You’ve seen those before and after photos, right? The transformation narrative goes one way from sad and overweight to empowered and fit. It’s like we’re being sold on the idea that losing weight is the key to ultimate happiness. I will never stop advocating the benefits of a healthy body composition — particularly as a healthy diet and exercise improves mental health. However, it is not a cure-all and can bring some new problems with it as well.

Hey, Ray Beam, some of you may be asking, why haven’t you been around lately? 

When you feel like you are stuck in the bottom of the dumpster, it is hard to focus on lifting other people up. I’ve never made a secret of the fact that I deal with mental health issues. That is why it is a huge part of my holistic view of fitness. I have also struggled with feeling like a huge hypocrite recently, advocating for self-love and self-kindness when I’ve spent the past few weeks wallowing in the opposite.

My notebook with blog post ideas is pretty full right now. I wanted to do some product round-ups, some geeky reviews, more Spartan advice, but it’s been really hard to sit down and actually make myself type anything out. I think one part of it has been the depression preventing me from doing anything productive, and the debilitating anxiety about the fact that I have not been doing anything productive.

The other part of it, is that I have something more important to talk about — something that people don’t really talk about when they lose weight.

Body Dysmorphia.

In the simplest terms, dysmorphia is a disconnect between your perception of your body and your body as it actually is. This can happen at subclinical levels without becoming disruptive to your life. It can also manifest as Body Dysmorphic Disorder, taking up a significant amount of your thoughts for the day and negatively impacting your work and social life.

Are you struggling with what you see in the mirror? Take a look below at the three main ways your mind can mess with your fitness journey.

1. It takes time to get used to your body

I’ve noticed my default concept of my body is what I looked like around 170 lbs. I have been both higher and lower than this weight, but I think I’ve spent most of my adult life in the 160-170 range.

When we see something in the mirror over time, we become accustomed to it. This is me. This is what I look like. This sort of self-perception takes time to change, more time than the actual weight loss process.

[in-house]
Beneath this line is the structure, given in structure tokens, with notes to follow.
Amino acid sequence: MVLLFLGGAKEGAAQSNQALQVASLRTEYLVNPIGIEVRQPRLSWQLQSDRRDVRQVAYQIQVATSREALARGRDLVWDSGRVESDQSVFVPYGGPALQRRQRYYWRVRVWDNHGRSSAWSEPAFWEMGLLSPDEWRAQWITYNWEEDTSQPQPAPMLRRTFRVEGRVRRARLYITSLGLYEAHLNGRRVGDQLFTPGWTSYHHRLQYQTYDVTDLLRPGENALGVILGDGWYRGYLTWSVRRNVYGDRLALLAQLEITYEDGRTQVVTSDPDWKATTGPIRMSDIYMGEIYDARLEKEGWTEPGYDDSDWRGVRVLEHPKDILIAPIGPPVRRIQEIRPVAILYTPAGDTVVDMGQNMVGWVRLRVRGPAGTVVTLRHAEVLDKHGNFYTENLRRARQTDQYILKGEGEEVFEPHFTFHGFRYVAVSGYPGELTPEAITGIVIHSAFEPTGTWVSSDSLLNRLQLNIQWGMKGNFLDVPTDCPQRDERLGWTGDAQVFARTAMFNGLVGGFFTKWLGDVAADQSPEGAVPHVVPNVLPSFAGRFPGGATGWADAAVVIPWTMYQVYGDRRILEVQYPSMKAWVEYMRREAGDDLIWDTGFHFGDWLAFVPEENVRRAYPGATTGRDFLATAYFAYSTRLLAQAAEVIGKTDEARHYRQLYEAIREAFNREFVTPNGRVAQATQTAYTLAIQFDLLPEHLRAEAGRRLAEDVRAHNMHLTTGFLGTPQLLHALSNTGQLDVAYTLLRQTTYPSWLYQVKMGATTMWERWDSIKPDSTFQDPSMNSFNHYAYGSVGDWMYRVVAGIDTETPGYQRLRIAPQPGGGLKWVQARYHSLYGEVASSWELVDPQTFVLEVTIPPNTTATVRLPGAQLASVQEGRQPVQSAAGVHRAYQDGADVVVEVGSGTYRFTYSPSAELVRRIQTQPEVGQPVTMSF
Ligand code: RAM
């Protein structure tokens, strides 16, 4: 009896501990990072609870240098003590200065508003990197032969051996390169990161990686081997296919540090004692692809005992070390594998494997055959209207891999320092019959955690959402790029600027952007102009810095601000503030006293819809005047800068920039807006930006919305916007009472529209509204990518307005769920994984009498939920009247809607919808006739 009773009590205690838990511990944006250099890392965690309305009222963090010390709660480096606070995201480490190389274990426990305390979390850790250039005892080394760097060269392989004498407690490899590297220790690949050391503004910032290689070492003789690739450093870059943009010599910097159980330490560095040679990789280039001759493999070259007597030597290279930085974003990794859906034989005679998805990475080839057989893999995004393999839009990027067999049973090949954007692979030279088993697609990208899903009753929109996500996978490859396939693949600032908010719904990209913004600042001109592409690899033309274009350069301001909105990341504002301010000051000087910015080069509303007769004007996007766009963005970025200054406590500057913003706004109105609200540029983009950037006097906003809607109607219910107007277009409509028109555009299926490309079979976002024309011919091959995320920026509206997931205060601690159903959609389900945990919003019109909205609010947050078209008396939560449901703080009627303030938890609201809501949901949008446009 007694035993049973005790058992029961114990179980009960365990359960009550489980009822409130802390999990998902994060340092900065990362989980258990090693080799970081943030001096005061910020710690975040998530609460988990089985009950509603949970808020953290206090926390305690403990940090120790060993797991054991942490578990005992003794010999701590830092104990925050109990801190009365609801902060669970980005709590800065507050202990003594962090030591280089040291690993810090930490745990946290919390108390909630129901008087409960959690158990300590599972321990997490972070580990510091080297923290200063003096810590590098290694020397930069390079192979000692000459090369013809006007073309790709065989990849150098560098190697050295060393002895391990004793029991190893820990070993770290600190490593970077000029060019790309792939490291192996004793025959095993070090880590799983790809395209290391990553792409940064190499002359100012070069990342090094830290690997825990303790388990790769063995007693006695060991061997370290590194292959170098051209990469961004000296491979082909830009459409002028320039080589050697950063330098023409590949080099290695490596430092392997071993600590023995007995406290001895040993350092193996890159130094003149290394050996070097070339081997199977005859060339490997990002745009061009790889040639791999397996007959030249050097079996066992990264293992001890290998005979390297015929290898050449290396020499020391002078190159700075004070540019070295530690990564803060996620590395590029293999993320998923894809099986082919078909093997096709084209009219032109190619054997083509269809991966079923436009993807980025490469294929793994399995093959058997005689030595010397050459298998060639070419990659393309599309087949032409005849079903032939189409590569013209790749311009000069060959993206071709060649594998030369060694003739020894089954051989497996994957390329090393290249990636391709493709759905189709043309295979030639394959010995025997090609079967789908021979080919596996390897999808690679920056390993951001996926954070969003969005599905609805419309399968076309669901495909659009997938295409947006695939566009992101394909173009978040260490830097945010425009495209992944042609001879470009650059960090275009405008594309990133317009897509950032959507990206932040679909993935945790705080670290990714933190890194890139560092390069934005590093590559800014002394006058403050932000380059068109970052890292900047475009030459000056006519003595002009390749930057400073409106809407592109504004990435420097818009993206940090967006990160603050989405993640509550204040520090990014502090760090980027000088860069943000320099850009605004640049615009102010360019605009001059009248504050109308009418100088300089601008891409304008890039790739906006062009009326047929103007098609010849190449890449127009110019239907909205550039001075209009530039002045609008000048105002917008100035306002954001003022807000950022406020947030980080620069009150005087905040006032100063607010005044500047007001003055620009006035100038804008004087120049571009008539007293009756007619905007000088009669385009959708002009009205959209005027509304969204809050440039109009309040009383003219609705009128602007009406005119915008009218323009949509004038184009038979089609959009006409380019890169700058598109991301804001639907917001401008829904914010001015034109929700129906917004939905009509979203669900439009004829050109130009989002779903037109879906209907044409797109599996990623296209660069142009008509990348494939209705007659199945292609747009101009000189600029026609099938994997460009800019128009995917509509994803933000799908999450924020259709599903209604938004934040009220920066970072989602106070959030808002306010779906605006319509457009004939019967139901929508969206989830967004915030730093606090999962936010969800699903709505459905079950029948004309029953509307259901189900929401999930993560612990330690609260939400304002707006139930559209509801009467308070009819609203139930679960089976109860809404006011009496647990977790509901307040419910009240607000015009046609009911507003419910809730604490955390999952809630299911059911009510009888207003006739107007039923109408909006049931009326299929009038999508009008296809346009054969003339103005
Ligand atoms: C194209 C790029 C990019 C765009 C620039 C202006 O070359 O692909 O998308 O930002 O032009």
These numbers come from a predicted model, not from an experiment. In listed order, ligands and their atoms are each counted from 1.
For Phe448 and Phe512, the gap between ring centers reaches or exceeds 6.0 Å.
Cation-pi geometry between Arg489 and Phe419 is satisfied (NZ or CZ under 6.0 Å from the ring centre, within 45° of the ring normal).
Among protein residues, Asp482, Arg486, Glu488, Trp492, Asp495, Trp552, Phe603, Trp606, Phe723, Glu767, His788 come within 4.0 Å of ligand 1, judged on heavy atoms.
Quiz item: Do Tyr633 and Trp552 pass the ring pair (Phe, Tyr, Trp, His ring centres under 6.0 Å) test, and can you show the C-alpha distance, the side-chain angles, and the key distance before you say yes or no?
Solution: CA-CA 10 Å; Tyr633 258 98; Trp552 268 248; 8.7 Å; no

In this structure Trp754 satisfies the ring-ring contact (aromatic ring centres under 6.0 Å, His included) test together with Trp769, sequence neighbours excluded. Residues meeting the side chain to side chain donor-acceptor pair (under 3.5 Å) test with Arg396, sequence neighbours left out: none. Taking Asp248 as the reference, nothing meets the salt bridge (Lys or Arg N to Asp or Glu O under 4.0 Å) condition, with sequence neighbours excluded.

Despite knowing you lost weight, you often instinctively grab old sizes when clothes shopping, or find yourself doing double takes when you get tagged in a photo. This is okay. You’re going through another part of the process.

RECOMMENDED READING: 10 Things My Before Picture Will Never Show You

2. Weight loss doesn’t fix your life.

Like I said earlier, I will never stop advocating for getting your body to a healthy state. The chronic inflammation that excess adipose tissue creates has whole-body systemic effects causing everything from joint pain to memory problems. But if your eating habits are a result of something deeper, then weight gain is only a symptom of a larger problem.

Think of it like the cough you have with bronchitis. You can take medication to stop coughing, but you still have the underlying illness that needs treating. Food is one of the first comforts we know in our life, and it’s very easy to turn to it when we need solace from something that is painful.

This is the truly difficult part, because if you don’t treat the source of the overeating, another habit may replace it. Even if it’s a good habit like exercise, you may still need to talk to a psychology professional to come to peace with some deeper problems.

3. Body Dysmorphic Disorder is real.

Body Dysmorphic Disorder (BDD) is a disorder on the Obsessive-Compulsive spectrum. While it can overlap with some symptoms of eating disorders, particularly the body distortion aspects of Anorexia Nervosa. BDD is the preoccupation with an imagined defect of personal appearance or excessive concern about a slight defect to the extent that it causes severe distress or impairment in daily functioning.

BDD does not have to be about weight, in fact it is more commonly hyperfocused on a single body part. In fact, people with BDD are most commonly concerned about facial features, skin, and hair. BDD is a serious mental illness. 80% of people with BDD have reported suicidal ideation and about 25% have attempted suicide.

I worry lately that I have fallen into this last category here. While I have pride in many of my physical accomplishments (I hit 100 lbs on my power clean this past weekend, I feel like Wonder Woman), I keep coming back, time and again, to an obsession with my stomach. It has been draining me creatively, and making me unmotivated to do anything other than go to the gym and play video games. Even self-care has become incredibly difficult.

Luckily, I’m getting myself into therapy soon so I can start to work on the faulty cognitions that are causing me to feel this way.

I am not making this post for pity. I’m making this post to let you know that you are not alone in your struggles. Even those of us who have “succeeded” still feel like we are far from where we want to be sometimes.

I will be back soon. I am still training for my Spartan Race on July 14th.

If you can, please check out my Patreon and Ko-Fi page to support my Trail to Trifecta journey. I may be struggling with my mental health right now, but I will not let it beat me.

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